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A Draghi government would be the final selloff of Italy
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by Cesare Sacchetti
Apparently, a quite generic article on the Financial Times by Mario Draghi, who doesn’t make any real definitive proposal to solve the eurozone issues, was enough to delete the entire biography of this man.
Several people, some in good faith others not, believe that Draghi in this moment could be the best man to lead Italy out of the coronavirus crisis.
Some of these people believe that Draghi, all of a sudden, would have converted himself on the way to Damascus and that he would become the next Italian PM to ensure the best interests of Italy while until yesterday he has ensured the best interests of the globalist élite and international financiers.
But what does exactly Draghi say in his article in order to evoke such hope?
In his op-ed, basically the former Ecb president came to a conclusion.
It is necessary to expand the national public debts of the eurozone states to tackle this coronavirus crisis.
Certainly it is a proposal of good sense to enforce countercyclical policies to aid private businesses and families.
What he hasn’t mentioned are the consequences of such an action, considering the structure of the eurozone.
In an ideal monetary union, there should be a single public debt for all of its members.
The eurozone was built by contradicting this basic principle. Every member state has kept his public debt and this led to the spread issue.
The spread is indeed the difference between the interests rates of Germany’s public debt and the ones of the other eurozone members.
Had the architects of the euro followed the basic rules of a monetary union, the spread and all the market turmoils would have never existed.
But probably this wasn’t the result of a mistake. The EU élites wanted to insert this malfunction in the euro as a way to “discipline” and blackmail the Southern Europe countries, especially Italy, had they chosen to enact different economic policies.
The euro is a currency conceived to guarantee the profits of the German and Dutch mercantilistic élites, which both took advantage of an artificially debased currency.
As a result, having the eurozone member states been deprived of the faculty to devalue their currency, the whole burden of the competitiveness of a country falls on the shoulders of the working class.
The Northern European bloc has no intention to change this status quo because they would lose their competitive advantage.
The only way to stabilize this trembling structure would be to create a central bank as a lender of last resort.
The ECB is a macroeconomic anomaly because neither finances the deficit of the member states nor buys indefinitely their bonds.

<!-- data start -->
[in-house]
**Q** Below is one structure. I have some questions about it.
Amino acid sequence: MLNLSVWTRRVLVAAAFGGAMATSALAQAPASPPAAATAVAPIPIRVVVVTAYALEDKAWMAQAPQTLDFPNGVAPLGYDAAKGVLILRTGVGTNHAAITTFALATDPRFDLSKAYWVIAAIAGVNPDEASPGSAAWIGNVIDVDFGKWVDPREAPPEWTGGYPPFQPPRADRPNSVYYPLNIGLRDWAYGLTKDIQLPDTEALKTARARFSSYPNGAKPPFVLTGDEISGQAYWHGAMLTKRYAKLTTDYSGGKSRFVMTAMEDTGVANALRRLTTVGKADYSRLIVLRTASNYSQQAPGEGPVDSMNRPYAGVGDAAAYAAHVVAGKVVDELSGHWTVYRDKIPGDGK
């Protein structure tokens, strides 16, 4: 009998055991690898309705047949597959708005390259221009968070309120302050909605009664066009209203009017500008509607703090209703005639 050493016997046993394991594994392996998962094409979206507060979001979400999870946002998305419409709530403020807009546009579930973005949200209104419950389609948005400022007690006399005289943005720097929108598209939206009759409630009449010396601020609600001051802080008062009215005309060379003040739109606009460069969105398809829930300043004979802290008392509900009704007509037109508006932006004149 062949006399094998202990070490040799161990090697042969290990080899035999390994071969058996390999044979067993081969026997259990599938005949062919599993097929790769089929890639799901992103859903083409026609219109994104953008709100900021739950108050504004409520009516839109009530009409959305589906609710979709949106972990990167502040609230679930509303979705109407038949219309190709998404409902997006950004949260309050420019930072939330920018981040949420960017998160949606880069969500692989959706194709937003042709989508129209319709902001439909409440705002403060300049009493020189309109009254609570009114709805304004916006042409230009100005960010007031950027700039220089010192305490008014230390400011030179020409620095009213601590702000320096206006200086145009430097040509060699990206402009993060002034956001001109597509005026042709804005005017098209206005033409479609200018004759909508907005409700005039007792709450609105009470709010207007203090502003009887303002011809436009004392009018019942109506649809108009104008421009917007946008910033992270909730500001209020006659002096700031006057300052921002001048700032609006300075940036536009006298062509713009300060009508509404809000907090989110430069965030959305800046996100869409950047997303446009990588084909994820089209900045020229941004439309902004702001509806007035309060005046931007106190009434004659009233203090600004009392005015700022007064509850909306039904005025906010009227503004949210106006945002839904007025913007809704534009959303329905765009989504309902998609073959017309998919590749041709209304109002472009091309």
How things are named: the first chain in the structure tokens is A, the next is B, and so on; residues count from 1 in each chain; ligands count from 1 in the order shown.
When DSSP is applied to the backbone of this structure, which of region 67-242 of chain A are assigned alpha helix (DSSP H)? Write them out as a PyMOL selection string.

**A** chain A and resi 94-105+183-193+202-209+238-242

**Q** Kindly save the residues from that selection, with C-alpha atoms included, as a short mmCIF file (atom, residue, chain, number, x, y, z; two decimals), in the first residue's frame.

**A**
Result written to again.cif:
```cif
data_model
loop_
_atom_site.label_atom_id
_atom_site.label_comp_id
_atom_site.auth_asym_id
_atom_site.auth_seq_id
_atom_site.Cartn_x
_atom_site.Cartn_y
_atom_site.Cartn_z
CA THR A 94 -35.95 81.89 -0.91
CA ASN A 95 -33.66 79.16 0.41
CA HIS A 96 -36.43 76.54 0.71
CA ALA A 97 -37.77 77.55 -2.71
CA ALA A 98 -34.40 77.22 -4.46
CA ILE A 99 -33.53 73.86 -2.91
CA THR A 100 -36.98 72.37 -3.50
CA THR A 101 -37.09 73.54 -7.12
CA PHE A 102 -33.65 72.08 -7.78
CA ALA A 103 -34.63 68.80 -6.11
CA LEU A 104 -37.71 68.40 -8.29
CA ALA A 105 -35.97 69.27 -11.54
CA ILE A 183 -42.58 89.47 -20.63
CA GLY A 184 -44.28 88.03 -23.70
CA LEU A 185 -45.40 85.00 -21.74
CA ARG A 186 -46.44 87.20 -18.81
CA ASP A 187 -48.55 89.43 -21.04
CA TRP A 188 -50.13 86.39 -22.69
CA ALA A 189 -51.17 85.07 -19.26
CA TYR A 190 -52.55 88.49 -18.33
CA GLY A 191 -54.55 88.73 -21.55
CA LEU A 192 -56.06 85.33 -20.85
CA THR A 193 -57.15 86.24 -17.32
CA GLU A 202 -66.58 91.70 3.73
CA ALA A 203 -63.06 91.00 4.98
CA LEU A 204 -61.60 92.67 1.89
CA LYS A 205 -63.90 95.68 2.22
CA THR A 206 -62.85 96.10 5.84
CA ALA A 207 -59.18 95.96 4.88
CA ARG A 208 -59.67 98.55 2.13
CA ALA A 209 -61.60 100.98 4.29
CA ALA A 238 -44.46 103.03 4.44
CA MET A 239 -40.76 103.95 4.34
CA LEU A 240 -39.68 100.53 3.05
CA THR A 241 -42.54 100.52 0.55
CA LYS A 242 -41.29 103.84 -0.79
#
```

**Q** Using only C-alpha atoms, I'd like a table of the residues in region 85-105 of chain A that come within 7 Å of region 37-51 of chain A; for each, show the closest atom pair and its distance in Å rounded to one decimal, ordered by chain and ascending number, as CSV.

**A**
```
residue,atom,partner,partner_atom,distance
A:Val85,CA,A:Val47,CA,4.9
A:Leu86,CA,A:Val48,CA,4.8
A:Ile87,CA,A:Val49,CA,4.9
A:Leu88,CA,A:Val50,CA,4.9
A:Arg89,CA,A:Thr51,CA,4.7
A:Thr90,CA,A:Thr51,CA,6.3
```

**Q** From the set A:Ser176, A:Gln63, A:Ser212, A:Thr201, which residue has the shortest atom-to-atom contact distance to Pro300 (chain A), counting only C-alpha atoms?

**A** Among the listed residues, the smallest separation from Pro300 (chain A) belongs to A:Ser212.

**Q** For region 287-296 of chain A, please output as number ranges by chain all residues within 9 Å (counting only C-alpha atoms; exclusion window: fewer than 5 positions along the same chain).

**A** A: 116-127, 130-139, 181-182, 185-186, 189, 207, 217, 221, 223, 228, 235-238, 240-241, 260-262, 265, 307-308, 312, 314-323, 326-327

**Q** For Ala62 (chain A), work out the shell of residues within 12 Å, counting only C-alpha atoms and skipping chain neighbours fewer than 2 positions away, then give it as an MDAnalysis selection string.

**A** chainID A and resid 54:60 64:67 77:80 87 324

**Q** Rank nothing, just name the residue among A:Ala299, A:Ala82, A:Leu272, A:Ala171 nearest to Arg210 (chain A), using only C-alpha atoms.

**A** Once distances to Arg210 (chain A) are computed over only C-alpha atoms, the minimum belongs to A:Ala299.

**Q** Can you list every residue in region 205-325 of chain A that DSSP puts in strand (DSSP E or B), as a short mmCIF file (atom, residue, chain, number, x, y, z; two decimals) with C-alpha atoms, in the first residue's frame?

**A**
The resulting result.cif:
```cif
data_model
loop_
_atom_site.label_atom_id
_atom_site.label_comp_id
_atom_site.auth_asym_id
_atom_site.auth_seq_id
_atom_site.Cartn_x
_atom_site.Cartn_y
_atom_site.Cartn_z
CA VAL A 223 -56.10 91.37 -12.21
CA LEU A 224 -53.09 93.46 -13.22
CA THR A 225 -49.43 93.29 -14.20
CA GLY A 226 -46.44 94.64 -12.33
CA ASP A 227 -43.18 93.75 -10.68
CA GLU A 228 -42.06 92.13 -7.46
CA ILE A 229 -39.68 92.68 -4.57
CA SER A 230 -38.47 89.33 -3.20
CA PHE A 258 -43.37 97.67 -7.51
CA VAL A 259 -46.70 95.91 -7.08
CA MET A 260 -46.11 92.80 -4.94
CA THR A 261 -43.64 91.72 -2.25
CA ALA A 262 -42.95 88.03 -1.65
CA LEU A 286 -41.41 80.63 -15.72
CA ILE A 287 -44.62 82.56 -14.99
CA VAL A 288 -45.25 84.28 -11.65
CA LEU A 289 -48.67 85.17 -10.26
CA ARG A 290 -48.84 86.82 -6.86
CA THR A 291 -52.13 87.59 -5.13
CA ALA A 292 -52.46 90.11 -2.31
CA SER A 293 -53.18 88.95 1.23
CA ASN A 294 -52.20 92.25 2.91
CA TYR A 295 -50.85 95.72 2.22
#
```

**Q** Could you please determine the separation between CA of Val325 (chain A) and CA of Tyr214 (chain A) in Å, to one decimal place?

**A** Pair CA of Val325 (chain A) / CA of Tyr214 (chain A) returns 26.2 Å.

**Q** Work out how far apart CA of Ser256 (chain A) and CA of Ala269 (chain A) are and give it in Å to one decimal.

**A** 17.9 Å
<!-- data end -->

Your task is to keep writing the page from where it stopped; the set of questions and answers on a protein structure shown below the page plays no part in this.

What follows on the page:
In other words, Draghi’s plan could be possible only by creating the eurobonds, something which the Anseatic League, another way to define the Northern European alliance, still firmly rejects.
Therefore is the euro deemed to collapse by itself? Not exactly. Mario Monti, the former Italian prime minister, in a recent interview has suggested what Draghi could do to appease Germany and the Netherlands.
“In the optics of an European agreement, it would be necessary that Italy give further proof of its own fiscal health by implementing further measures against tax evasion – not with general tax increases, but with the ability to hit where it is more needed, where there is more wealth, asking in exchange of this to Germany and the Netherlands not only the support for the Eurobonds.”
Here’s the deal. Italy should implement a patrimonial tax, or possibly the ESM approval, in order to convince the European hawks to reform the Ecb and issue the Eurobonds.
In these conditions, a patrimonial tax in a country already heavily weakened by years of economic stagnation and austerity, would be the final blow for Italy.
Italy would likely follow the same path of Greece did in 2013-2014.
But Mario Draghi is not a newbie in dealing with this kind of situations.
In 1992, when he was the general director of the Italian Treasury, he practically sold off to the Anglo-Saxon finance speculators the Italian public industry.
The family silver of Italy which allowed the country to turn into the fourth largest economy of the world, was gifted to international banks as Goldman Sachs, on board the Britannia, the royal British yacht.
Mario Draghi was there and was one of the main hosts of the event in which Italy was sacked of its industrial treasure.
Francesco Cossiga, the former Italian president, clearly explained what could happen if Mario Draghi would become the next Italian PM in this interview below.
Cossiga had predicted the complete industrial demise of Italy should Draghi become prime minister.
It is certainly useful to remember his words because apparently several people in these days have been affected by an unusual amnesia.
Therefore, it is complete nonsense to think that the man who made the best interests of the globalist elites, now would come to serve the interests of the Italian people.
If Mario Monti, the former Italian premier who devastated the Italian economy in 2011-12, defines Draghi as an excellent choice to succeed Conte, a red alarm in the patriot community should ring.
Draghi would become premier to finish the dismantling of Italy that started in 1992.
His mission will be to save the euro and the EU with the blood of the Italian people, as he did in 2013 when he pronounced the infamous words “whatever it takes” which were paid instead with the blood of the Greek people.
However, today’s politicians, worst political class which Italy has ever had, don’t seem to be worried by this dramatic perspective.
They seem all more than ready to roll the red carpet out to the next commissioner liquidator of Italy.
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